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Single-Entity Hydrocodone Extended-Release Capsules in Opioid-Tolerant Subjects with Moderate-to-Severe Chronic Low Back Pain: A Randomized Double-Blind, Placebo-Controlled Study.

Rauck R L, et al.

Journal: Pain Med. 2014; 15:975-985. 24 references.
Reprint: Richard L. Rauck, MD, Carolinas Pain Institute, 145 Kimel Park Drive, Ste 330, Winston-Salem, NC 27103, USA.
Faculty Disclosure: Abstracted by N Walea, who has nothing to disclose.

Editor's Note:
Extended release hydrocodone achieved much notoriety in the face of the opioid abuse crisis and actually was banned in Massachusetts. However in a study, flawed in part by its manufacturer sponsorship, the investigators have taken care to show it works.

Class: Pharmacology: Zohydro

Hydrocodone (HC), until recently, was only available in an immediate-release (IR) formulation in combination with non-opioid analgesics such as acetaminophen N-acetyl-para-aminophenol (APAP). The short duration of action of these IR opioids results in increased dosing frequency in chronic pain that is associated with greater incidence of adverse events (AEs), dosing errors, lack of adherence to treatment and possibly (with APAP) a predictable hepatotoxin that can lead to liver damage and acute failure.In this trial, an enriched enrollment randomized withdrawal (EERW) design composed of an open-label conversion/titration (C/T) phase followed by a placebo-controlled, randomized, double-blind treatment phase was used. During the C/T phase, subjects were converted from their current opioid to hydrocodone extended-release (HC-ER) and titrated in an open-label fashion to the optimum dose of HC-ER. Study drugs were supplied in blister packs containing either HC-ER as 10-, 20-, 30-, 40-, and 50-mg capsules or matching placebo. To decrease withdrawal from opioid effects in placebo users, HC-ER doses were tapered during the first 14 days of the treatment phase. A maximum of two tablets of HC 5mg/APAP 500mg per day was allowed for both treatment groups during the 85 day treatment period as rescue medication.The change in average pain intensity (PI) score from randomization to day 85 (end of treatment) on the 11-point NRS (0 = no pain, 10 = worst pain imaginable), recorded daily, was the primary efficacy end point. Treatment response was based on the proportion of subjects with a >30% average PI score improvement over the 85 days. The Subject Global Assessment of Medication (SGAM) was used to assess subject satisfaction with their pain medication with a higher mean score indicating greater satisfaction with the treatment.The 302 subjects were randomized into two groups (n = 151 in each). The subjects in the placebo group experienced a significantly greater increase or worsening in daily PI score from base line to day 85 than the HC-ER group. In the responder analysis 102 (68%) subjects were classified as responders in the HC-ER group compared to 47 (31%) of subjects in the placebo group. The mean change from screening to day 85 in SGAM was 0.8 + 1.3 for the HC-ER group compared with 0.0 +1.4 for the placebo group, which indicates a significantly greater degree of satisfaction with HC-ER than the placebo. In the HC-ER group, significantly more subjects (60%) experienced at least one treatment-emergent AE (TEAE) than in the placebo group (44%). The most frequently reported TEAE was constipation in 12 patients (8%) in the HC-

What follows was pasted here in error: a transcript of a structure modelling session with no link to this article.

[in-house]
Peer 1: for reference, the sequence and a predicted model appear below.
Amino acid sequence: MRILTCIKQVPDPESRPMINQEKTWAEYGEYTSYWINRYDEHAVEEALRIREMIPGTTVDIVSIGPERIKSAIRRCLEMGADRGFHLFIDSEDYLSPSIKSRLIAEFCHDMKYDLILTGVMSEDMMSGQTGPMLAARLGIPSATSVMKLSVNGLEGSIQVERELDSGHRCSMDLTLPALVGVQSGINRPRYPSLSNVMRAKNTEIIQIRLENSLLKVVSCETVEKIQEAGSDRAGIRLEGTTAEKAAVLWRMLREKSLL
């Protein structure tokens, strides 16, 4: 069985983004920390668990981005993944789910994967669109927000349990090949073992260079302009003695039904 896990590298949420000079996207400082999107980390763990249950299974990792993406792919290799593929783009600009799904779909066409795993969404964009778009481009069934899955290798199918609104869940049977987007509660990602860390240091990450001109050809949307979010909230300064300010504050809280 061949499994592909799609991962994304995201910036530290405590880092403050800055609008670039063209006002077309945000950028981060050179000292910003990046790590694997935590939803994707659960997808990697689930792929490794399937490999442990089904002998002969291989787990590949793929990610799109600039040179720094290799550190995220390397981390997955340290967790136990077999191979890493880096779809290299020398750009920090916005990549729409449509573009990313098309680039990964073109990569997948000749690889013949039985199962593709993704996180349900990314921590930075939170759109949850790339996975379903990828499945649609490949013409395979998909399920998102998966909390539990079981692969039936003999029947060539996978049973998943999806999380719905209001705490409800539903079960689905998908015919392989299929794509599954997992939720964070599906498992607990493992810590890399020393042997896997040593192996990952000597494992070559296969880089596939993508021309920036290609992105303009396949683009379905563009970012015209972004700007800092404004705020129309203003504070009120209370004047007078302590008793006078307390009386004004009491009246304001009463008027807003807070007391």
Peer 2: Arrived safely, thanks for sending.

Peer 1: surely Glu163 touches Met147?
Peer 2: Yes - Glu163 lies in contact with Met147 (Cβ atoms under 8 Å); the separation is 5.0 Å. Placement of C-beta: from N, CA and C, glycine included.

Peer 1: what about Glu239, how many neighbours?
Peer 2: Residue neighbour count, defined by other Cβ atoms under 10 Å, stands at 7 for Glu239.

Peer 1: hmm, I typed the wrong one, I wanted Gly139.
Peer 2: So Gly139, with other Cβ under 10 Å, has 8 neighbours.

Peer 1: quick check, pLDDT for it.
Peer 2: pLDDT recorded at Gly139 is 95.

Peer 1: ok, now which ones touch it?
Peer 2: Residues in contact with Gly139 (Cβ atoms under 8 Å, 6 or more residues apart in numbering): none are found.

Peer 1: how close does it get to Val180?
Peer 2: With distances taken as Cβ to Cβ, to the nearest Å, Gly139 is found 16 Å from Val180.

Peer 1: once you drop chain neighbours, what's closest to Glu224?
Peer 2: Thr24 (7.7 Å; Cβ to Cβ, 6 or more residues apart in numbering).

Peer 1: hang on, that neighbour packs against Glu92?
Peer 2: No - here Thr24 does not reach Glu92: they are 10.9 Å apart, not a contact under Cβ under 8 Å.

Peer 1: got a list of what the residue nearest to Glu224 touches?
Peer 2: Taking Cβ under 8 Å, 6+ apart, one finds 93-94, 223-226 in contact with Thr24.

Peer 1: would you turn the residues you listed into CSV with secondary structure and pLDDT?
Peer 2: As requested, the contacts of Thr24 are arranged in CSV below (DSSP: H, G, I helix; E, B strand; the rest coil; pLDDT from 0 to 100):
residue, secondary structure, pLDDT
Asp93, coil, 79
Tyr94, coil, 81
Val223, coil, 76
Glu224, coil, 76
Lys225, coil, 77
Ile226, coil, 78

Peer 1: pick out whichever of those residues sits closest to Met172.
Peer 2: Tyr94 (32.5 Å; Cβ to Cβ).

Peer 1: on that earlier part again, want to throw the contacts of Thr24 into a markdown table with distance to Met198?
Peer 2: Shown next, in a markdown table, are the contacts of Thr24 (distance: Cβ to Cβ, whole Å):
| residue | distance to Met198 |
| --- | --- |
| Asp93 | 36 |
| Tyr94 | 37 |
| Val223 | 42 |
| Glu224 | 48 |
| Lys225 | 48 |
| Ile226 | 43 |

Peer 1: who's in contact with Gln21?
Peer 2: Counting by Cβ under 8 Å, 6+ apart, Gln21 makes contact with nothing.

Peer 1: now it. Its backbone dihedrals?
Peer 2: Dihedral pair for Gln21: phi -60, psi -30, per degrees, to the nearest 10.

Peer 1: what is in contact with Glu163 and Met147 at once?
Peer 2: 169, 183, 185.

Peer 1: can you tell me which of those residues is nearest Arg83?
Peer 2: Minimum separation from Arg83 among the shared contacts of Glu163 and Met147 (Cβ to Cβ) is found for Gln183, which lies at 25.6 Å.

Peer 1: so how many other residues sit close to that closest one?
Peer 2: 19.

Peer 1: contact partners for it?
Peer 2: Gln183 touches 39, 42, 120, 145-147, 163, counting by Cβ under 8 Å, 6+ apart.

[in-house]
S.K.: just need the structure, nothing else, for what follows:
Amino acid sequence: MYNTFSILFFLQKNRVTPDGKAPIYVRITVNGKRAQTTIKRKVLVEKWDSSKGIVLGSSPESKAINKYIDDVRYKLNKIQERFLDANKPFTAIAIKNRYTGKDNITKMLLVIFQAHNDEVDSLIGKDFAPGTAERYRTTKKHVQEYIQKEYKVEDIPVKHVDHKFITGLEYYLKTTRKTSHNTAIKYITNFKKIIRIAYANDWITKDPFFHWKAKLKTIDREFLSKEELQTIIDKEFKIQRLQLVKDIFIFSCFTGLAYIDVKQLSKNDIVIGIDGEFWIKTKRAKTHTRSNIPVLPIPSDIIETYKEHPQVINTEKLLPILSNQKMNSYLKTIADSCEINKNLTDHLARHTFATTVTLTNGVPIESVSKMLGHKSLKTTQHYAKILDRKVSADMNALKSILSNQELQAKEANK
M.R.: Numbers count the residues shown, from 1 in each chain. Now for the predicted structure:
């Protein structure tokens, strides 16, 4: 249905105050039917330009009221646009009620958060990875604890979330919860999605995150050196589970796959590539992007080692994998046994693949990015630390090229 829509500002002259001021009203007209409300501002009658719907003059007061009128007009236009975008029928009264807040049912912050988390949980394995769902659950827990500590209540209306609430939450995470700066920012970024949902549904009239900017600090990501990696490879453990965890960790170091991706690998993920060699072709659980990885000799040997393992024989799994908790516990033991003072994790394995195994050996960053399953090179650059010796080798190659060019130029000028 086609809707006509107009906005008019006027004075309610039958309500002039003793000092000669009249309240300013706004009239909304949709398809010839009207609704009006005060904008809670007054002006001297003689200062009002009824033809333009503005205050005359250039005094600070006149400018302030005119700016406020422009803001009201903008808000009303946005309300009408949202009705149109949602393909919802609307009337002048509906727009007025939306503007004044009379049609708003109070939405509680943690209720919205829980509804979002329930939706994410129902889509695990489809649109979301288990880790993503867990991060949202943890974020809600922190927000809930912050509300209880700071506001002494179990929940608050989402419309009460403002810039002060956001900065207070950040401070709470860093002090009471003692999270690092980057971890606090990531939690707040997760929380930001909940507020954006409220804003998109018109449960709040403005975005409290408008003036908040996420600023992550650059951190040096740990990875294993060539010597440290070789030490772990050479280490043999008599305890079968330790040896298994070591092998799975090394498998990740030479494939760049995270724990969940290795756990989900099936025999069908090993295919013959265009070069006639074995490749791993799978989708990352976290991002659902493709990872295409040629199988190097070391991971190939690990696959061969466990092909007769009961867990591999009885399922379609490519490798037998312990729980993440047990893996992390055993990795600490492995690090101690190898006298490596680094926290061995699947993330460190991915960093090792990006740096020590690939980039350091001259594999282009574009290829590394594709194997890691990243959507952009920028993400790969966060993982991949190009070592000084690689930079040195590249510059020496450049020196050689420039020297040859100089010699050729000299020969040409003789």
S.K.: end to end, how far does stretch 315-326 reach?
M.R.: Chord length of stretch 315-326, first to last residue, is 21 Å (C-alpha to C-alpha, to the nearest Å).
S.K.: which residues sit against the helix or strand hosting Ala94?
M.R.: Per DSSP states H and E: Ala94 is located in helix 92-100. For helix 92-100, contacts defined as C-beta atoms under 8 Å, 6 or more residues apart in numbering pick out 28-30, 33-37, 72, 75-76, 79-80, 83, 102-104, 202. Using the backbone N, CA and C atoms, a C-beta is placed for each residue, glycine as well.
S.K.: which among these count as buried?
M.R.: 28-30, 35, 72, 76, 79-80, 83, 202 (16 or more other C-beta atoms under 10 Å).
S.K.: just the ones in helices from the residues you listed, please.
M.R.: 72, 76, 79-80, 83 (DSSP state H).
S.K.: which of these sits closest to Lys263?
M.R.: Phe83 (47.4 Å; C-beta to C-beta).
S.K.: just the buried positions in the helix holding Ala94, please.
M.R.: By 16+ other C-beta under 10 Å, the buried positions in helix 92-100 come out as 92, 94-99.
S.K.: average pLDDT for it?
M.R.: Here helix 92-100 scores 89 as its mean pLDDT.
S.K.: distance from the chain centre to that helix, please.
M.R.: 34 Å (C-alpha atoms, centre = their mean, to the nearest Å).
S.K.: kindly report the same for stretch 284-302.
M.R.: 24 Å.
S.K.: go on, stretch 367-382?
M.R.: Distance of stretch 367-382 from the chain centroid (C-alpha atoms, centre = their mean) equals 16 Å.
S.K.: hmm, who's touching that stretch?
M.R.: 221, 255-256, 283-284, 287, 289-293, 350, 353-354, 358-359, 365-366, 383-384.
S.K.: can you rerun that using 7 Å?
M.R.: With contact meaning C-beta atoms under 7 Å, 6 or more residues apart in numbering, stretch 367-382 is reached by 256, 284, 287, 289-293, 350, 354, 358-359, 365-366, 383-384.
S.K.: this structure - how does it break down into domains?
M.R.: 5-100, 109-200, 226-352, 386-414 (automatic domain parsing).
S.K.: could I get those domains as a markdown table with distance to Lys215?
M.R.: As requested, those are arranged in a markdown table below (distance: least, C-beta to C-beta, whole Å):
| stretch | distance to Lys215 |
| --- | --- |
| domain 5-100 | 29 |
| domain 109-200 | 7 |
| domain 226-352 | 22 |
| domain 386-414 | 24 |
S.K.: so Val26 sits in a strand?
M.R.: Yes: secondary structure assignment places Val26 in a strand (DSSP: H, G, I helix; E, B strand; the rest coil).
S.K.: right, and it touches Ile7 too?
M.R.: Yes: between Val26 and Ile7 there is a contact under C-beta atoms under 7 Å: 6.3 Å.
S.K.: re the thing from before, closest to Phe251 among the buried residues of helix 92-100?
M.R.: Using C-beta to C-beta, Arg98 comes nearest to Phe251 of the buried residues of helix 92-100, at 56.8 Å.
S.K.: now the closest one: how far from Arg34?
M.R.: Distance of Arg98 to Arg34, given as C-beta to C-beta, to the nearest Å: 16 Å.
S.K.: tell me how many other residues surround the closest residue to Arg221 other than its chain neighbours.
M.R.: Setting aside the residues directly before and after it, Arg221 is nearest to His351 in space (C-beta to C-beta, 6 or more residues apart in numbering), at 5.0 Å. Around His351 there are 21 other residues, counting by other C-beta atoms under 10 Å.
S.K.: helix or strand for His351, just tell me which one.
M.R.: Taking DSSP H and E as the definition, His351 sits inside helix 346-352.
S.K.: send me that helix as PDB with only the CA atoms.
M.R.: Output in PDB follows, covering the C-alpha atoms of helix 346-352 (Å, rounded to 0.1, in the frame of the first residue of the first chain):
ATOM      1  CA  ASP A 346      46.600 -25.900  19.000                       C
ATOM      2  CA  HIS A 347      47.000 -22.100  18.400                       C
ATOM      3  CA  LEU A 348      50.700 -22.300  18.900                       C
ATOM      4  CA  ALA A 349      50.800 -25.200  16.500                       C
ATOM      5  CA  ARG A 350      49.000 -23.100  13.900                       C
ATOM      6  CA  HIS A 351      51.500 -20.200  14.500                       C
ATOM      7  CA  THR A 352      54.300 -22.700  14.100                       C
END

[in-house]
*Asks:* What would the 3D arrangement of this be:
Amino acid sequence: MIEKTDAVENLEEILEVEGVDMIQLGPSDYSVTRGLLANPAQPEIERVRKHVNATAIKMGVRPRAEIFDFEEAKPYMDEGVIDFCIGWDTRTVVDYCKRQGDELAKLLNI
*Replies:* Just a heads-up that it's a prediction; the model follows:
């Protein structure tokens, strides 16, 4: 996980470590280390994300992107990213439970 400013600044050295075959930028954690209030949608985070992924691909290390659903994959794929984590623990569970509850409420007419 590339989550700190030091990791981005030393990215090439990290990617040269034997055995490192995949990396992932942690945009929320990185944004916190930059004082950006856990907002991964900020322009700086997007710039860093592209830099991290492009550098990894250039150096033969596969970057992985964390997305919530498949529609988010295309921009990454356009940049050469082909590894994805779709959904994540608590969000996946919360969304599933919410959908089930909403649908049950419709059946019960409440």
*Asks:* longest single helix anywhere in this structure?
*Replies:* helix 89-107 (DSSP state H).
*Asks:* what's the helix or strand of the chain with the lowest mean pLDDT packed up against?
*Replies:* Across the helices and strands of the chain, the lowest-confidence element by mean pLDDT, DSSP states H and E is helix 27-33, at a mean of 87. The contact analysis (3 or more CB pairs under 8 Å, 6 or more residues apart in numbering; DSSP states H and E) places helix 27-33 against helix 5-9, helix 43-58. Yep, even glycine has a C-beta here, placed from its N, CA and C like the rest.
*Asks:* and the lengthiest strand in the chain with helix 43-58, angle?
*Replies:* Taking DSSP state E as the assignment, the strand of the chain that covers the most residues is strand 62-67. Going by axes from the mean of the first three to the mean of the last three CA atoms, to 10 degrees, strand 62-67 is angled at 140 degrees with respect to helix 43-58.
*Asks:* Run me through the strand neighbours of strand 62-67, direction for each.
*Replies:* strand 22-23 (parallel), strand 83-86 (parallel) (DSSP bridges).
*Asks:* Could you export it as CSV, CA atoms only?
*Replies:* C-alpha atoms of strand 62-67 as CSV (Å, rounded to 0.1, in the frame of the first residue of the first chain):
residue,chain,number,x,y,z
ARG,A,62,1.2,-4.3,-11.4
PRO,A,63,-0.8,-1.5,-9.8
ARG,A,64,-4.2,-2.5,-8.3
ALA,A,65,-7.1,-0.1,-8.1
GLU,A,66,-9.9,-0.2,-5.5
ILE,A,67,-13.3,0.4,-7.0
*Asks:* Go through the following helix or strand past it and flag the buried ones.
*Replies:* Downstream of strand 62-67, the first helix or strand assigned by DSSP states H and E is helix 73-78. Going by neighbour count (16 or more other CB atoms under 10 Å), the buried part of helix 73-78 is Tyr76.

ER group vs no subjects in the placebo group. In the HC-ER group other frequently reported AEsincluded nausea (7%), urinary tract infection (5%), vomiting (5%), and back pain (4%). In the placebo group, frequently reported TEAEs included withdrawal symptoms (6%), diarrhea (5%), and insomnia (5%). In the placebo group, there was a significantly greater proportion of subjects experiencing withdrawal syndrome (6%) than in the HC-ER group (1%).

Important Points:

These results are the first placebo-controlled trial to show the efficacy of single-entity extended-release HC. The EERW study demonstrated that HC-ER is more effective than placebo in relieving pain in this subject population by showing significant improvements in pain relief measured by mean change in PI score.

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